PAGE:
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A question, "How to Model Inheritance of Two Tables MYSQL" was migrated to this forum from Stackoverflow. Unfortunately, my answer to that question contained references to three tags that do not exist (yet) in this forum.

The "info" tab on those three tags contained the nitty-gritty details concerning three techniques that I consider helpful to the asker. Those three tag references are now orphans.

What's the right solution? Is it replicating the three tags over here, and filling in the info tab with the same info? That seems like a violation of DRY (aka "harmful redundancy"). Is it plugging the details about the three techniques into the answer itself? That's also a violation of DRY. Is there a way of making a tag reference point to the tag in its original location? Is that a good idea?

I haven't had this much fun since the last time I tried to shuffle records in a pre-relational database (little joke).


As a side issue, I have to wonder why the question was migrated off of SO. Anybody who has done both object modeling and data modeling realizes that there is an enormous overlap between the two disciplines. That's notwithstanding the infamous "object relational impedance mismatch". I don't see how a moderator could consider object modeling questions on topic in SO but data modeling questions off topic.

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One option would be to link to the SO tags directly: eg https://stackoverflow.com/tags/single-table-inheritance/info though I don't think there is any harm just summarising the relevant info over here: SO is a completely different universe which means the 'Y' in 'DRY' doesn't apply ;)

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    I think you are right about the separate universes. I have tended to hang out over in SO even though I was a DBA at one stage of my career. I'm guessing that whoever migrated the question over here has a different idea of what a DBA does than I do. To me, data modeling is closer to the SO universe than the DBA universe. – Walter Mitty Mar 15 '13 at 12:14
  • I wasn't very clear: I didn't mean there is no overlap between the sites (there is), but that it is ok for information to be repeated between the sites. Check the FAQ for a short summary of what's on-topic here, you might be surprised how broadly we interpret the DBA scope. The main difference imo is that we focus on expert database Q&A. – Jack Douglas Mar 15 '13 at 12:18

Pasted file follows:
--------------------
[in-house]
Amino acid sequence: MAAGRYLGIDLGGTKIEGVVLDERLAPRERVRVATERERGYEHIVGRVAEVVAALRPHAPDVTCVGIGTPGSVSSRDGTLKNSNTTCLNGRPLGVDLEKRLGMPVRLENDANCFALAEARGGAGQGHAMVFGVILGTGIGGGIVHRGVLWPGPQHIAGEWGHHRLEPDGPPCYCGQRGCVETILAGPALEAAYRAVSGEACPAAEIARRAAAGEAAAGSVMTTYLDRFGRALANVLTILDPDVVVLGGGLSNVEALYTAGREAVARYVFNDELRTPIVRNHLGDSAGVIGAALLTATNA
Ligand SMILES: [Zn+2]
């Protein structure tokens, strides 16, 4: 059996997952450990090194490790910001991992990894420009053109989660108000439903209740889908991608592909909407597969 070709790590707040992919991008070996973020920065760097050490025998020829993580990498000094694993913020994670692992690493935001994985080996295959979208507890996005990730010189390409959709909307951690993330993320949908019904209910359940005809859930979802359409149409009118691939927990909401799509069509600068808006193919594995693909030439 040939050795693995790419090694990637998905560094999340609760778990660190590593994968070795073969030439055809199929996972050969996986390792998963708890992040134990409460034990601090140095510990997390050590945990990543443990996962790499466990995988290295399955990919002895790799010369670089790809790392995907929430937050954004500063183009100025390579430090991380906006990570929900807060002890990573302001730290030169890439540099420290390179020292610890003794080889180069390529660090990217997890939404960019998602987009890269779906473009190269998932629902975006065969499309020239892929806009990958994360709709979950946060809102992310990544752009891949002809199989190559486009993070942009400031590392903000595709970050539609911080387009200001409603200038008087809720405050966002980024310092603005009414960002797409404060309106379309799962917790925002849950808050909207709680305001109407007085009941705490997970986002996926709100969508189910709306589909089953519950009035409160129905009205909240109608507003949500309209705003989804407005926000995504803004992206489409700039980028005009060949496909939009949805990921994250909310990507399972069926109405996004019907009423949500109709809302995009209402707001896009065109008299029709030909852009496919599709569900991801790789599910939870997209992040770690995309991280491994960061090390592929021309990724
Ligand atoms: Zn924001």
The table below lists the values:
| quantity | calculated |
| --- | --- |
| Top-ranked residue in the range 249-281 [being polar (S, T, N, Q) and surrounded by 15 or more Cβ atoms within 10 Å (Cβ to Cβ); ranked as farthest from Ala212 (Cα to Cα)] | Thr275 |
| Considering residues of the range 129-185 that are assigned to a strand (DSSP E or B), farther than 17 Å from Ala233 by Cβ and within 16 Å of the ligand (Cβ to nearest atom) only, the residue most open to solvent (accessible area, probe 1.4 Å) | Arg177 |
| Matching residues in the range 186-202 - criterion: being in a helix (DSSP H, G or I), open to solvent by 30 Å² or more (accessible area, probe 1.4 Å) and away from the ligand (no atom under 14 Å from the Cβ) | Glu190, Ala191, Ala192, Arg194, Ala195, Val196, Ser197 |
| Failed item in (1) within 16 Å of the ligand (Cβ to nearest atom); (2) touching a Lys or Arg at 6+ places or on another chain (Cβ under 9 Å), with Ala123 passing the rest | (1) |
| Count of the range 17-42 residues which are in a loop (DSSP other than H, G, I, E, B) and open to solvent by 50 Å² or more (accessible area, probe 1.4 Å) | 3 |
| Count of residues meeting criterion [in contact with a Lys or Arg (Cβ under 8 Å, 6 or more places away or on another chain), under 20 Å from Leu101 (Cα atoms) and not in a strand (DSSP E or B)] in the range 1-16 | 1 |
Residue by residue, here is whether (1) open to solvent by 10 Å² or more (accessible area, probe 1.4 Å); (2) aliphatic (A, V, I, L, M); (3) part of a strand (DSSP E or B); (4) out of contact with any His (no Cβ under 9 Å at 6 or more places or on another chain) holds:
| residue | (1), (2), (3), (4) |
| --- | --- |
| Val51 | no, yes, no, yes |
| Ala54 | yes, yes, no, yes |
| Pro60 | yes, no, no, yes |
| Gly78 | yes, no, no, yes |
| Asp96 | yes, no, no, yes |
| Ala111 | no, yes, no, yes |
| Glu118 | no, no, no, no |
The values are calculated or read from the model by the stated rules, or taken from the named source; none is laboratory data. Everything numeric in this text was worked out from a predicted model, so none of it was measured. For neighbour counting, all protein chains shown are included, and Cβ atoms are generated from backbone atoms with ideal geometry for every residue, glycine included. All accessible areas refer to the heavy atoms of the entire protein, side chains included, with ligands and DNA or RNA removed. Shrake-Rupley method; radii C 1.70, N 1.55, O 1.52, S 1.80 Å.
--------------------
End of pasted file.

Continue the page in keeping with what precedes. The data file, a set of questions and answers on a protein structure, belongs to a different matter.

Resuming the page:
• I've seen the DBA job title used to cover everything from a database babysitter to the only person in a large enterprise who really understands the significance of the data. On my very first Oracle contract, I was introduced to some other group as "our Oracle DBA". I was embarassed. I had expertise on a different product, but I was just coming up to speed on Oracle. But I was way ahead of the other members of the team. Sigh. – Walter Mitty Mar 15 '13 at 16:54
  • For your amusement: meta.dba.stackexchange.com/questions/495/… :) – Jack Douglas Mar 15 '13 at 18:06
  • Great, thanks! And more amusement... Q: Isn't DBA work boring? A: Only when you're doing it right. – Walter Mitty Mar 16 '13 at 0:11
  • The best jokes are true ;) – Jack Douglas Mar 16 '13 at 9:47
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Regarding the question of "how do the tags work" -

Each site has it's own tag tables, right? That much is pretty evident. The SE team could migrate the tag over if it doesn't exist on each question, but that would create a lot of cruft because different sites may use different tags in different ways. Right now the solution is to keep tags that already exist on the Q and flush all the rest.

In the case of "what do I do" you either create the tags you want anew, or, if you don't have the rep, flag it for someone to add the tags for you. You could also pop into chat and ask someone to add it.

But, and here's the thing, you should only copy the tags that are appropriate to Database Administrators.Stack Exchange. In this case the choices were and .

and are both sort of crappy tags, but could be appropriate here. On SO they're a better way to funnel stuff down.

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    Speaking of crappy tags, I consider single-table-inheritance, class-table-inheritance, and shared-primary-key (over in SO) to be crappy tags, even though I consider each of the techniques to be very valuable. The reason I think they are crappy tags is that they pertain to the answer, and almost never to the question. The people who need to be exposed to these techniques are the people who never heard of them, but are trying to do class/subclass modeling in a relational context. The only people who are going to use these tags are people who aren't going to ask the questions. – Walter Mitty Mar 17 '13 at 11:52
  • I could be wrong about the above comment. – Walter Mitty Mar 17 '13 at 11:55

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